A government white paper is a Cabinet-approved document that explains a political issue and proposed legislation to address it. The purpose of a white paper is to introduce a new government policy to test the public’s reaction to it. The name derives from the custom of binding the document in white paper, rather than using a cover page. White papers are different from green papers, which seek public reaction not to new policy but to more general proposals. The most controversial white paper in Canada was issued in 1969; it sought to redefine the relationship between the federal government and Indigenous peoples. (See The 1969 White Paper.)

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Land Cession

A land cession is a transfer of land from one party to another through a deed of sale or surrender. Land cessions may also be referred to as land surrenders and land purchases. In Canada and the United States, Indigenous land cessions generally took place through negotiated treaties. There are cases, however, where Indigenous peoples claim that lands were taken unjustly. The Royal Proclamation of 1763 established the protocols for land cession in both Canada and the United States.

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Indigenous Suffrage

From the colonial era to the present, the Canadian electoral system has evolved in ways that have affected Indigenous suffrage (the right to vote in public elections). Voting is a hallmark of Canadian citizenship, but not all Indigenous groups (particularly status Indians) have been given this historic right due to political, socio-economic and ethnic restrictions. Today, Canada’s Indigenous peoples — defined in Section 35 (2) of the Constitution Act, 1982 as Indians (First Nations), Métis and Inuit — can vote in federal, provincial, territorial and local elections.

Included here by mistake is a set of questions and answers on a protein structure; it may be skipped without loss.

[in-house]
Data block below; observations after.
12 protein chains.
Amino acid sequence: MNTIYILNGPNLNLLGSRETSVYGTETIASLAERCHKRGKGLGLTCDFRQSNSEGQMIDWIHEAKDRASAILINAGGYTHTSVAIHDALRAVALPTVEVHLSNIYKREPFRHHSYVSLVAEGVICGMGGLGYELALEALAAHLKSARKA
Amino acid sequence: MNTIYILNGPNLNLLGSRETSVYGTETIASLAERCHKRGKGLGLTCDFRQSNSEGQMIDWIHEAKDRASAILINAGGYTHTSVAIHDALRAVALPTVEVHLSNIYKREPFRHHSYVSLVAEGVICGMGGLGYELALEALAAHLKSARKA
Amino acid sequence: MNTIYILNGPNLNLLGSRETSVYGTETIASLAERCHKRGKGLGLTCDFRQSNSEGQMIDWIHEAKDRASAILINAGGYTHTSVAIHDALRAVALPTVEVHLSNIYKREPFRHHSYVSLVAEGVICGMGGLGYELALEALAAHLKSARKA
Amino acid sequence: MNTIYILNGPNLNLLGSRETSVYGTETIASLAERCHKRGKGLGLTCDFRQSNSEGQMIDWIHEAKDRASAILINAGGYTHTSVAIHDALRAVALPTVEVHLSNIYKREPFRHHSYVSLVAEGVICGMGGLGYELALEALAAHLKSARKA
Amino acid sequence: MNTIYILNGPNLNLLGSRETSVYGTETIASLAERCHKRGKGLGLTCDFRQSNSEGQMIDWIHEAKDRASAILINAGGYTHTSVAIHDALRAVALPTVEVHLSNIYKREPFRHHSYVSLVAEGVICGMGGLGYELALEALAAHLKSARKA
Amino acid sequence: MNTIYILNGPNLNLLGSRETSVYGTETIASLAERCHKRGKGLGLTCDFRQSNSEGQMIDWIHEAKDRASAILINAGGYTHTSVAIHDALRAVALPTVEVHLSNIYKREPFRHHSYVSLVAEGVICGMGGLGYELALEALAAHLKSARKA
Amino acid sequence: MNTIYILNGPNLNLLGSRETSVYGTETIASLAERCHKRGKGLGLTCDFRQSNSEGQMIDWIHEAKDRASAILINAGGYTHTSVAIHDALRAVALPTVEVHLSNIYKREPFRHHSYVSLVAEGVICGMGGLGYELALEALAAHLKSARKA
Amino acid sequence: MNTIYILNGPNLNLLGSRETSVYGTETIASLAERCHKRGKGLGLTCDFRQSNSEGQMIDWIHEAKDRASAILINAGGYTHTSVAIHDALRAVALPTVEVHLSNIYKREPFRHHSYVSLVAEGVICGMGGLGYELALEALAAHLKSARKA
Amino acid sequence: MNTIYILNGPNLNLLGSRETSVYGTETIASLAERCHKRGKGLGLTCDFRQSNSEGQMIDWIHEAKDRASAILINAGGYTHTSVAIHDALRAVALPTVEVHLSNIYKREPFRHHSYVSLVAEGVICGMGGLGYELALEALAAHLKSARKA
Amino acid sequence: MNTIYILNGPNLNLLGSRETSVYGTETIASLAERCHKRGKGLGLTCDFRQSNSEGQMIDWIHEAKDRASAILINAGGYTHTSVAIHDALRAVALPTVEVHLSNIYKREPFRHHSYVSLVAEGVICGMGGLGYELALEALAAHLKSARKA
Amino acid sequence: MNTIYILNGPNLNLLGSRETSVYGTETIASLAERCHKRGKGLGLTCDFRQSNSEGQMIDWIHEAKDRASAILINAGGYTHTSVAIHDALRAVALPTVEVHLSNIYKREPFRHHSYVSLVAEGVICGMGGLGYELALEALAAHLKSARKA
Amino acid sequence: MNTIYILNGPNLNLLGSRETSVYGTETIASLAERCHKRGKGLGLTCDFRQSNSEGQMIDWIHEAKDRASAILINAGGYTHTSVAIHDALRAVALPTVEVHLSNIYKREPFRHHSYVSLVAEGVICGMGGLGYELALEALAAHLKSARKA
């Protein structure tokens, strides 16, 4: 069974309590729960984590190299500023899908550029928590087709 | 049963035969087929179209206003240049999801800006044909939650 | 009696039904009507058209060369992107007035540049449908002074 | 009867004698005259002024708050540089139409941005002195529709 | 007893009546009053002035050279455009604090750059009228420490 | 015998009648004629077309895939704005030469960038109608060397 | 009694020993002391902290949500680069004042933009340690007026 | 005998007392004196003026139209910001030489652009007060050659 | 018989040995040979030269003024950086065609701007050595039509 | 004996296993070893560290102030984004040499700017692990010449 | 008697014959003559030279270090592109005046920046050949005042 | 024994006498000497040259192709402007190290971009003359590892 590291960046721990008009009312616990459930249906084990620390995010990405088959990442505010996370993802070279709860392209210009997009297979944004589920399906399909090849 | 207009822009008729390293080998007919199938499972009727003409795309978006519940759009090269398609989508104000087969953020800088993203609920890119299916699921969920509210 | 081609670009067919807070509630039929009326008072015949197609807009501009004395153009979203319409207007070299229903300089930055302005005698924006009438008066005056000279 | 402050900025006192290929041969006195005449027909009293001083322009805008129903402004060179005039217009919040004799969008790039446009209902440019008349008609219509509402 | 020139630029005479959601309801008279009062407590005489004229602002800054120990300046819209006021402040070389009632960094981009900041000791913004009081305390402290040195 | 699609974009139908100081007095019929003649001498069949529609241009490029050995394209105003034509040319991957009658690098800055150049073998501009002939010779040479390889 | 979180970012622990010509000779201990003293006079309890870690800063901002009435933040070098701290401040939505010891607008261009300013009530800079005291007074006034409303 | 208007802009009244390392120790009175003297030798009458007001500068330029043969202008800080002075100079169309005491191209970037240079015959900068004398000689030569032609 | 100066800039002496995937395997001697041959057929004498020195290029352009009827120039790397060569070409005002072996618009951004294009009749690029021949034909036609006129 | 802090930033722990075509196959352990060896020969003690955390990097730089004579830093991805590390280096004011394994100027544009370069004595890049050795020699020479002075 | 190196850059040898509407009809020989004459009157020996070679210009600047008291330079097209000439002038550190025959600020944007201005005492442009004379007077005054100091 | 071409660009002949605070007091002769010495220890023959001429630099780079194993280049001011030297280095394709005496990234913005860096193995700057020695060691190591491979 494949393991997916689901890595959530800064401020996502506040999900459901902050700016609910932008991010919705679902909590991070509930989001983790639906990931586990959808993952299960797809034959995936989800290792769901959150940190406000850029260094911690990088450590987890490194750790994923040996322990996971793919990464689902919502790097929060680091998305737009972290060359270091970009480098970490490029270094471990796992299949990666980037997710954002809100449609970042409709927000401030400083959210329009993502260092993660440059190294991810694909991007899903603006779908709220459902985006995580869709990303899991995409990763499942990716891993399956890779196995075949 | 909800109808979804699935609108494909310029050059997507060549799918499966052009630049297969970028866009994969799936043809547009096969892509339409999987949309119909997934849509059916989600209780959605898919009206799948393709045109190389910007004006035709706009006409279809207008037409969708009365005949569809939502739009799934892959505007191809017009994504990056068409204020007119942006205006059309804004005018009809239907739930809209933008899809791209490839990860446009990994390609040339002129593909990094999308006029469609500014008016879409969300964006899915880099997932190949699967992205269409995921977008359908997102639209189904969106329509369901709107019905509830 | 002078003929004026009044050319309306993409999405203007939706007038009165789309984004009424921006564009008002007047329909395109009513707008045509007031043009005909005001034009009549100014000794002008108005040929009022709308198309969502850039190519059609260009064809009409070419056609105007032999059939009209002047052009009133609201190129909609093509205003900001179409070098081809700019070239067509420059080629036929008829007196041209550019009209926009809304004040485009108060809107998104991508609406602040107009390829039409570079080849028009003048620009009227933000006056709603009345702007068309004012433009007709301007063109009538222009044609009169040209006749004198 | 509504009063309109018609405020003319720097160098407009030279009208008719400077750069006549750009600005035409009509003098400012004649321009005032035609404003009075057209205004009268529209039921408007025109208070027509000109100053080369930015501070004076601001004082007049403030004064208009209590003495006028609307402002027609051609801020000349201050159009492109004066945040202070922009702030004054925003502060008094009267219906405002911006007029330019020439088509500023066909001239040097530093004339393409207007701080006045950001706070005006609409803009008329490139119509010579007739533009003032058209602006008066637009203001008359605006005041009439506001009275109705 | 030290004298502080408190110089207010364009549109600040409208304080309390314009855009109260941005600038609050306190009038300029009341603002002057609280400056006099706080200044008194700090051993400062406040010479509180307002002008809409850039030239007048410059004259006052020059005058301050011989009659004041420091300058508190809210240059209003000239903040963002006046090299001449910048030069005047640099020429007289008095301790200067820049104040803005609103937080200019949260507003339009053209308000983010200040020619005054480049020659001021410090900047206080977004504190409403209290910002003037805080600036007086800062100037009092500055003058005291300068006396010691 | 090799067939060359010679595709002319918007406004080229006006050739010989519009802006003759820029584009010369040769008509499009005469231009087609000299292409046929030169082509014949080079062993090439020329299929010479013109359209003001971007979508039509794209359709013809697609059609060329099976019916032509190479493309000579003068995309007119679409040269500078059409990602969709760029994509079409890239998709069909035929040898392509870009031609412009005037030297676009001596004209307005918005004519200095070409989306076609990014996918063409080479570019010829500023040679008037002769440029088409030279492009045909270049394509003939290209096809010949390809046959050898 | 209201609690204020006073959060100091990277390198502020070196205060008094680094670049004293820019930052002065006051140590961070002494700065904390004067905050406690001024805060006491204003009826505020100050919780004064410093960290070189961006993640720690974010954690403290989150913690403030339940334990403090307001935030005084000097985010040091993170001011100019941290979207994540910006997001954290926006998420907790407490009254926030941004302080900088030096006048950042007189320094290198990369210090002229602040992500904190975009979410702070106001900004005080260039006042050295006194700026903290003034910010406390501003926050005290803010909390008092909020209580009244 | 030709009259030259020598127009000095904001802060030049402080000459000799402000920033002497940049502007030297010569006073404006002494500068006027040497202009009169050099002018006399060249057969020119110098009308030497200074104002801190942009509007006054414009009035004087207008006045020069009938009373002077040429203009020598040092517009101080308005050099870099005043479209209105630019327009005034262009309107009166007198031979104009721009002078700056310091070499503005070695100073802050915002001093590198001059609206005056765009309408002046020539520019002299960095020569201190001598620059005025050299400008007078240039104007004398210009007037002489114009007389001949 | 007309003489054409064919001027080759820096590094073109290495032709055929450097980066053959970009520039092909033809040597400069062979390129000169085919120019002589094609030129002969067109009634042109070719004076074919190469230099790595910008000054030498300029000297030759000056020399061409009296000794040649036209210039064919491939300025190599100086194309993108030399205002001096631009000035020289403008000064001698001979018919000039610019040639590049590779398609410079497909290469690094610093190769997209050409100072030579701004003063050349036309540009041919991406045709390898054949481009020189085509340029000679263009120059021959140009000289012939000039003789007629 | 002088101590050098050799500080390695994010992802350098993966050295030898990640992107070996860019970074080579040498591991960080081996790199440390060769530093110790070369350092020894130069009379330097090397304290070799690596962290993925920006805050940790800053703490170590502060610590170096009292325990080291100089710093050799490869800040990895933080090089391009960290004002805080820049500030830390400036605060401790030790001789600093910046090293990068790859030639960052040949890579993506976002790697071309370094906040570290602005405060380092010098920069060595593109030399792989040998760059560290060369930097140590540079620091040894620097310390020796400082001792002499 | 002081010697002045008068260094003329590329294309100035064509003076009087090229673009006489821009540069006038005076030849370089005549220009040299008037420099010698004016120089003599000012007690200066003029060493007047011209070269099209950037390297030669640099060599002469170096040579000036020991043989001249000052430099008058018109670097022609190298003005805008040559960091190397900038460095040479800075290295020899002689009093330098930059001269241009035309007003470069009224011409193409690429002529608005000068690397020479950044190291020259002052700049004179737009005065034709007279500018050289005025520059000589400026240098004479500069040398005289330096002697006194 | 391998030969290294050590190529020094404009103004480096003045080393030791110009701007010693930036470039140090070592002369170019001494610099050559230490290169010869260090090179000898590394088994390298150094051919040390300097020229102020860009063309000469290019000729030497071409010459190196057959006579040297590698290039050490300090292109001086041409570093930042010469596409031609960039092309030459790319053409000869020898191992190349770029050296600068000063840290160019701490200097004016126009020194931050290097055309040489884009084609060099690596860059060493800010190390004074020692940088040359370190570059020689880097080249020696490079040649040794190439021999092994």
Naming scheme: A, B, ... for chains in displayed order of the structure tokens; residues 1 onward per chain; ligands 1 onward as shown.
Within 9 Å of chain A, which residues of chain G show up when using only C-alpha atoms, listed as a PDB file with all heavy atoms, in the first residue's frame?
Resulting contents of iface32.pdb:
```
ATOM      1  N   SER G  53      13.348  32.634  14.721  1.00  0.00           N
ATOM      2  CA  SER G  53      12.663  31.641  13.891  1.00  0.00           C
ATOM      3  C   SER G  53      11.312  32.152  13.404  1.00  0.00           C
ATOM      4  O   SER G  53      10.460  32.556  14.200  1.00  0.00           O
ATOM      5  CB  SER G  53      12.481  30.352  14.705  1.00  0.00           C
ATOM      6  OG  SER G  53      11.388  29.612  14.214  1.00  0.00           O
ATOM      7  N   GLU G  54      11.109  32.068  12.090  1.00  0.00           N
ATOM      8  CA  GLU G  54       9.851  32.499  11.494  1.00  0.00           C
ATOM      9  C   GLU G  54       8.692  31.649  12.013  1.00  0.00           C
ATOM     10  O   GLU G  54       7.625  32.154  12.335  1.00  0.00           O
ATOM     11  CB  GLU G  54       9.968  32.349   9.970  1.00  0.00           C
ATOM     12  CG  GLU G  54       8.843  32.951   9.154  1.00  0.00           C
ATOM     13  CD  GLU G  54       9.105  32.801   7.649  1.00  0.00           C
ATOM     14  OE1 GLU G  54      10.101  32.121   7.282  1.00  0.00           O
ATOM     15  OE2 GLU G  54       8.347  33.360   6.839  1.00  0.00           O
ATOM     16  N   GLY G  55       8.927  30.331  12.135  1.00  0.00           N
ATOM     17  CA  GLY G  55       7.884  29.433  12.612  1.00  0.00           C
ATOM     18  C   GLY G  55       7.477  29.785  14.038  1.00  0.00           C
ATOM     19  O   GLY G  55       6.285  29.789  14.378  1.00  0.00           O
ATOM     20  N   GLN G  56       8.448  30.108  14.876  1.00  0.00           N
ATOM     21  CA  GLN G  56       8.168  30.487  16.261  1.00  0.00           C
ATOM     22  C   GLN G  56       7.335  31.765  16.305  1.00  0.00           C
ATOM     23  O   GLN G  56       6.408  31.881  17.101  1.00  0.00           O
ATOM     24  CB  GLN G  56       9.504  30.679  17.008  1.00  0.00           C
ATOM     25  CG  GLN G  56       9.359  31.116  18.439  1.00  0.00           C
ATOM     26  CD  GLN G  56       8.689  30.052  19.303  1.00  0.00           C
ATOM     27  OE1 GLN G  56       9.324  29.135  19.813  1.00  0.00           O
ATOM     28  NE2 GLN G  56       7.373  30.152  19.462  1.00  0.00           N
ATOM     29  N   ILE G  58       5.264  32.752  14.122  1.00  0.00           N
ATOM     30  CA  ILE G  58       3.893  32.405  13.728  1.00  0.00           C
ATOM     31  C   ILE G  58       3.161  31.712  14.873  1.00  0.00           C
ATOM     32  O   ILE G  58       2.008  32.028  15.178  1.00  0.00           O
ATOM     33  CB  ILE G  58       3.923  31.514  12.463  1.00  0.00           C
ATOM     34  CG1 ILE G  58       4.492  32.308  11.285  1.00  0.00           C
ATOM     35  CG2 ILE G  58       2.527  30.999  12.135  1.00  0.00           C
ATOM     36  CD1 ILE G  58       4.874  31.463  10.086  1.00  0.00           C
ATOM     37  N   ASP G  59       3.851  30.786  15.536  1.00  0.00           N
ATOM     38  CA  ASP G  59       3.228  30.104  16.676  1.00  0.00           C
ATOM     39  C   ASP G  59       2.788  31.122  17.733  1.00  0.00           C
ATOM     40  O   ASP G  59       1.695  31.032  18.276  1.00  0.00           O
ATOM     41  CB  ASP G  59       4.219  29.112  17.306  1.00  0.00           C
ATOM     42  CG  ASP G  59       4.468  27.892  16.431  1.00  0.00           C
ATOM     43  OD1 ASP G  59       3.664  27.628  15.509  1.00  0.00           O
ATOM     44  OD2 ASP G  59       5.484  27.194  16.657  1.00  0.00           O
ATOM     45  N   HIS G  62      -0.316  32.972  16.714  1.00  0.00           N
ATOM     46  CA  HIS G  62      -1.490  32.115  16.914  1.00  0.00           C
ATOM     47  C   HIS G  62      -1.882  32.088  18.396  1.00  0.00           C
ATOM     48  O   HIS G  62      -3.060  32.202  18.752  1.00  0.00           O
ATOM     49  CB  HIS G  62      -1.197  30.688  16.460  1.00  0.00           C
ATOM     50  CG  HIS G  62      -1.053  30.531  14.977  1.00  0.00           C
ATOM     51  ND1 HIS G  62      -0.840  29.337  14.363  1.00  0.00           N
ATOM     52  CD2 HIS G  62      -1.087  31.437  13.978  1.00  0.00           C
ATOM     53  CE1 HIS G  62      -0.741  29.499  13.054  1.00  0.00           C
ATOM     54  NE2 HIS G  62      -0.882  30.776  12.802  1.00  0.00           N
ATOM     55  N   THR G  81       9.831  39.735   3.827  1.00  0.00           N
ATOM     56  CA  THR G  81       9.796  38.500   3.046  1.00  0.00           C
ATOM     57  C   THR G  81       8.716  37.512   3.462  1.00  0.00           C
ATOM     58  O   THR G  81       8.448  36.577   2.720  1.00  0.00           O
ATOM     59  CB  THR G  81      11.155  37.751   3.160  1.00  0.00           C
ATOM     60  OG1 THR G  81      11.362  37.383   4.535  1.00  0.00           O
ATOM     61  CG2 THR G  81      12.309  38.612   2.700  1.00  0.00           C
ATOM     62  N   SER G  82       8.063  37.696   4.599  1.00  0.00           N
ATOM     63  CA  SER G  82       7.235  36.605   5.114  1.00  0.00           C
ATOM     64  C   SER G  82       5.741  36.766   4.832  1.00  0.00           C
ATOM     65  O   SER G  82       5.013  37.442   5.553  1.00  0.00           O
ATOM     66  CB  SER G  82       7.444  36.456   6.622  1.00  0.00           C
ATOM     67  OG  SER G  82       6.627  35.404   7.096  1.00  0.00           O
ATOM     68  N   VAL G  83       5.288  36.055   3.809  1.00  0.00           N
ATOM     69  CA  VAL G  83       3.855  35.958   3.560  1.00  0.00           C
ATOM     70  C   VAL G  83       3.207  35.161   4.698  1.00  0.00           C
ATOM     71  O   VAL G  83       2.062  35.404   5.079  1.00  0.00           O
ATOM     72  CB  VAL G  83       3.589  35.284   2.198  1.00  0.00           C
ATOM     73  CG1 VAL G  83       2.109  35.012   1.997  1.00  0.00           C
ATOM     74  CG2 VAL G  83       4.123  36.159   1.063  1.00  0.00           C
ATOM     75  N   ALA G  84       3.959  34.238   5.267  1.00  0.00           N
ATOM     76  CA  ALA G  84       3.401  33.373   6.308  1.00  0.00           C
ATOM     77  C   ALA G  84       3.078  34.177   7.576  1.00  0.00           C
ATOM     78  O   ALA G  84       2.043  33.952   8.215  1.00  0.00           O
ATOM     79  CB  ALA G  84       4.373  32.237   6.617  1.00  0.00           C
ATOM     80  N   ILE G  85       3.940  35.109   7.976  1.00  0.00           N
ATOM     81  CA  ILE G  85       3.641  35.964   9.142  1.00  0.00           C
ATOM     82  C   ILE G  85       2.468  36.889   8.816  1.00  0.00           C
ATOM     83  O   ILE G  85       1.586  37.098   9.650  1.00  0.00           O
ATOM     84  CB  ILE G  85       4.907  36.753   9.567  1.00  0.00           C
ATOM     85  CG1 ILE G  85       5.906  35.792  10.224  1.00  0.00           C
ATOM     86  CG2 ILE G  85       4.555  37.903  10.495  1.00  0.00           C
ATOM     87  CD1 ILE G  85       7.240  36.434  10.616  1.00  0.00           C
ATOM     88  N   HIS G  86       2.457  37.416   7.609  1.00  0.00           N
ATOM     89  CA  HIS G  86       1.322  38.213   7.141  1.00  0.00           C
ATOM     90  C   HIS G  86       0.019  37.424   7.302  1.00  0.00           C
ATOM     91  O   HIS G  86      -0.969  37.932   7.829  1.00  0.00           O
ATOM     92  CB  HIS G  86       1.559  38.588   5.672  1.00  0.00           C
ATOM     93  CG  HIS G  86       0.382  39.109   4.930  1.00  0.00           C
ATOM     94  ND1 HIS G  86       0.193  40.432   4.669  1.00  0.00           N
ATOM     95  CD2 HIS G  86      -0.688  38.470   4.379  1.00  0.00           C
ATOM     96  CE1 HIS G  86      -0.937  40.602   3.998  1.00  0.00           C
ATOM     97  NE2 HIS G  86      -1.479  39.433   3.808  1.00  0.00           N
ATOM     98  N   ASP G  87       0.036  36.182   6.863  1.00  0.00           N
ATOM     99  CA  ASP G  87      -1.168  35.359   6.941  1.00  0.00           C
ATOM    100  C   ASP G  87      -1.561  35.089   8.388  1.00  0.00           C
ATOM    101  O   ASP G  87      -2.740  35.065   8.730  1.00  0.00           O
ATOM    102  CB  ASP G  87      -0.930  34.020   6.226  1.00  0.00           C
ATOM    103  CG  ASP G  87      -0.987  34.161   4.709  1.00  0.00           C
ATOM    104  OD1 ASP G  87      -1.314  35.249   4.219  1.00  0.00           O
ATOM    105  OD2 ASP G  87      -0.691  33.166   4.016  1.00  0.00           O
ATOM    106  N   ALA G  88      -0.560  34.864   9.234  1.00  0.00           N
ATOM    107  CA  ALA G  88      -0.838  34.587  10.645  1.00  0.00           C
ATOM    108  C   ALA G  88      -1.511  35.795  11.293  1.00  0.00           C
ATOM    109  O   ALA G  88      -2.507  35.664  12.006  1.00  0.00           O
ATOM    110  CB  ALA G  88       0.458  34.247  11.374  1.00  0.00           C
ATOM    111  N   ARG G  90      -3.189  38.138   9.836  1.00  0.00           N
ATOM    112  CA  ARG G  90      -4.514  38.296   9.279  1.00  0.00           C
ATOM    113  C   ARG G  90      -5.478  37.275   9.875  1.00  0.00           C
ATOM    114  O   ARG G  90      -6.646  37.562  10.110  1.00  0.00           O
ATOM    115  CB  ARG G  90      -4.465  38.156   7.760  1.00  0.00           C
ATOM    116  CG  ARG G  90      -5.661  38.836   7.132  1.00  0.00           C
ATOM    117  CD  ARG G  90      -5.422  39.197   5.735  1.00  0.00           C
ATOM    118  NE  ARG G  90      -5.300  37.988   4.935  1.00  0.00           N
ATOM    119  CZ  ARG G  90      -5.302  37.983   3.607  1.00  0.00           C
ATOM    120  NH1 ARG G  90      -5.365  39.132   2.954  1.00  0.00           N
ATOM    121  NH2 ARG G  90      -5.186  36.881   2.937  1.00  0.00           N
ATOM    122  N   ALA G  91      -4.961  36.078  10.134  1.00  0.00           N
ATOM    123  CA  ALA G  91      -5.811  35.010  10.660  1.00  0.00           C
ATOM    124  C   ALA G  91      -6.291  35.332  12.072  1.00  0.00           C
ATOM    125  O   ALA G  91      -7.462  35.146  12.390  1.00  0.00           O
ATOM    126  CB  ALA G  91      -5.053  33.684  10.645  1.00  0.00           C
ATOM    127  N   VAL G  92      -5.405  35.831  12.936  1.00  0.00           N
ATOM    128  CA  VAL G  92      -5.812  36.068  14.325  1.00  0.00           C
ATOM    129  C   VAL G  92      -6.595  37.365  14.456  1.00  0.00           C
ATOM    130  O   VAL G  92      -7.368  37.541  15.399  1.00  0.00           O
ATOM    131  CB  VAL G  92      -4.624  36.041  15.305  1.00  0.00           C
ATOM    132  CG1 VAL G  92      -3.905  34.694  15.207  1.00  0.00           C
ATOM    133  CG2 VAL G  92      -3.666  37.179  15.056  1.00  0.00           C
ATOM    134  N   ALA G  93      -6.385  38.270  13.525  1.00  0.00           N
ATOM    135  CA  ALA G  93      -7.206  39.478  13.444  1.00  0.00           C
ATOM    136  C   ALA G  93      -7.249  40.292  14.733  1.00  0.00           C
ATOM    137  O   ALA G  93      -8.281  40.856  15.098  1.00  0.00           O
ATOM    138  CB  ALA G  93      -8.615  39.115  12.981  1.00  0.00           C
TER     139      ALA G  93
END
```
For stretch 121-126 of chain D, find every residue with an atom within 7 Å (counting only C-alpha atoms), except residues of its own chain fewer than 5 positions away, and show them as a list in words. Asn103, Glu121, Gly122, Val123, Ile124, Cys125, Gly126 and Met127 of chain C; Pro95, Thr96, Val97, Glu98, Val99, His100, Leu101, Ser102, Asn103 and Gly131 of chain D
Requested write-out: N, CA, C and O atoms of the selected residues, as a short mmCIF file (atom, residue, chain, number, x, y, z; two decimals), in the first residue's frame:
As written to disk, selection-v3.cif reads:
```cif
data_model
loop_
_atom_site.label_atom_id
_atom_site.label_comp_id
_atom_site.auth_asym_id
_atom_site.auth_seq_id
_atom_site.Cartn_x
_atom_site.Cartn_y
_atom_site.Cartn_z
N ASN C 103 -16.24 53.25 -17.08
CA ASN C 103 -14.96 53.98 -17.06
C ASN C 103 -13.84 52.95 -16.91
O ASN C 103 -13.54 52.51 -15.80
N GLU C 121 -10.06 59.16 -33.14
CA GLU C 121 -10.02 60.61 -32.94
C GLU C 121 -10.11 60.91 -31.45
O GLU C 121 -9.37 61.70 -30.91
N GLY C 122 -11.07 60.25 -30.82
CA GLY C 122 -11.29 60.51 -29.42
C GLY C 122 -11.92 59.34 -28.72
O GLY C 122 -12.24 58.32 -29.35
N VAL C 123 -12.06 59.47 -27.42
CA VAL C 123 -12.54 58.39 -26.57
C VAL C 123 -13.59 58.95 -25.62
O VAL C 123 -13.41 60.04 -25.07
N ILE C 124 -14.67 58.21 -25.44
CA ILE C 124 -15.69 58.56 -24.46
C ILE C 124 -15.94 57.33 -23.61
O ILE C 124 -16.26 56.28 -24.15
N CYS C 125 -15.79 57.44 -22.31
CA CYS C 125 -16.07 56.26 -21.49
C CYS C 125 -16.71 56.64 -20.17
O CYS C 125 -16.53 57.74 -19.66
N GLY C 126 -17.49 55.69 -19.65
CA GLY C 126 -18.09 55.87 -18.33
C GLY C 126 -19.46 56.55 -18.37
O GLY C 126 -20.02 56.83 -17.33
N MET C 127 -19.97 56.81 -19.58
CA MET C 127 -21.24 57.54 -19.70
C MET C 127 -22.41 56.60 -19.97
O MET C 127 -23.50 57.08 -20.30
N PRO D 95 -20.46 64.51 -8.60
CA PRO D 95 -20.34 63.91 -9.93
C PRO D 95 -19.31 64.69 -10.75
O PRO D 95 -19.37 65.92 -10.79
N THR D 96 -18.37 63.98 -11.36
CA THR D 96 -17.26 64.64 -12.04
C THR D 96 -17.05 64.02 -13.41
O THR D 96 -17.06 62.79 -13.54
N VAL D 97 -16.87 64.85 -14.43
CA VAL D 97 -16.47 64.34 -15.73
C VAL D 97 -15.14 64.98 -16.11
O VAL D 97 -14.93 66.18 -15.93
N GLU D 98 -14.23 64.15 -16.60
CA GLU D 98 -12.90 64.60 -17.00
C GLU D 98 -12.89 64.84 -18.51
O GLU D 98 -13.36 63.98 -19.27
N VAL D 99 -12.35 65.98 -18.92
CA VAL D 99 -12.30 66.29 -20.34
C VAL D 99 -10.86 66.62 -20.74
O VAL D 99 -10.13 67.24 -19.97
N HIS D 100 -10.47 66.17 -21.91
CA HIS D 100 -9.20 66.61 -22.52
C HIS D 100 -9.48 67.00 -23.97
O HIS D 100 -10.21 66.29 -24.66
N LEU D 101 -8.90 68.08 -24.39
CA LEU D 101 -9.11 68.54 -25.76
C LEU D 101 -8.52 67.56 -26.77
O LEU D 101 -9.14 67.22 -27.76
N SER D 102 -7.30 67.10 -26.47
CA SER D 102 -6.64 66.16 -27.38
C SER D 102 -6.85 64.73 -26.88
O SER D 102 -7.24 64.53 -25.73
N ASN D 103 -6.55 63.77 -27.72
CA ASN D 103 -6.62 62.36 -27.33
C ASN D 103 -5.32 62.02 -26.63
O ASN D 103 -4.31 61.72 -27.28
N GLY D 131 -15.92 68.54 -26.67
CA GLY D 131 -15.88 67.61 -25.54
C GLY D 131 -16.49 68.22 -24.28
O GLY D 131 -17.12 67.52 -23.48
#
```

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Province of Canada (1841-67)

In 1841, Britain united the colonies of Upper and Lower Canada into the Province of Canada. This was in response to the violent rebellions of 1837–38. The Durham Report (1839) recommended the guidelines to create the new colony with the Act of Union. The Province of Canada was made up of Canada West (formerly Upper Canada) and Canada East (formerly Lower Canada). The two regions were governed jointly until the Province was dissolved to make way for Confederation in 1867. Canada West then became Ontario and Canada East became Quebec. The Province of Canada was a 26-year experiment in anglophone-francophone political cooperation. During this time, responsible government came to British North America and expanded trade and commerce brought wealth to the region. Leaders such as Sir John A. Macdonald, Sir George-Étienne Cartier and George Brown emerged and Confederation was born.

(This is the full-length entry about the Province of Canada. For a plain language summary, please see Province of Canada (Plain Language Summary).)

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Welfare State

The welfare state in Canada is a multi-billion dollar system of government programs that transfer money and services to Canadians to deal with an array of societal needs.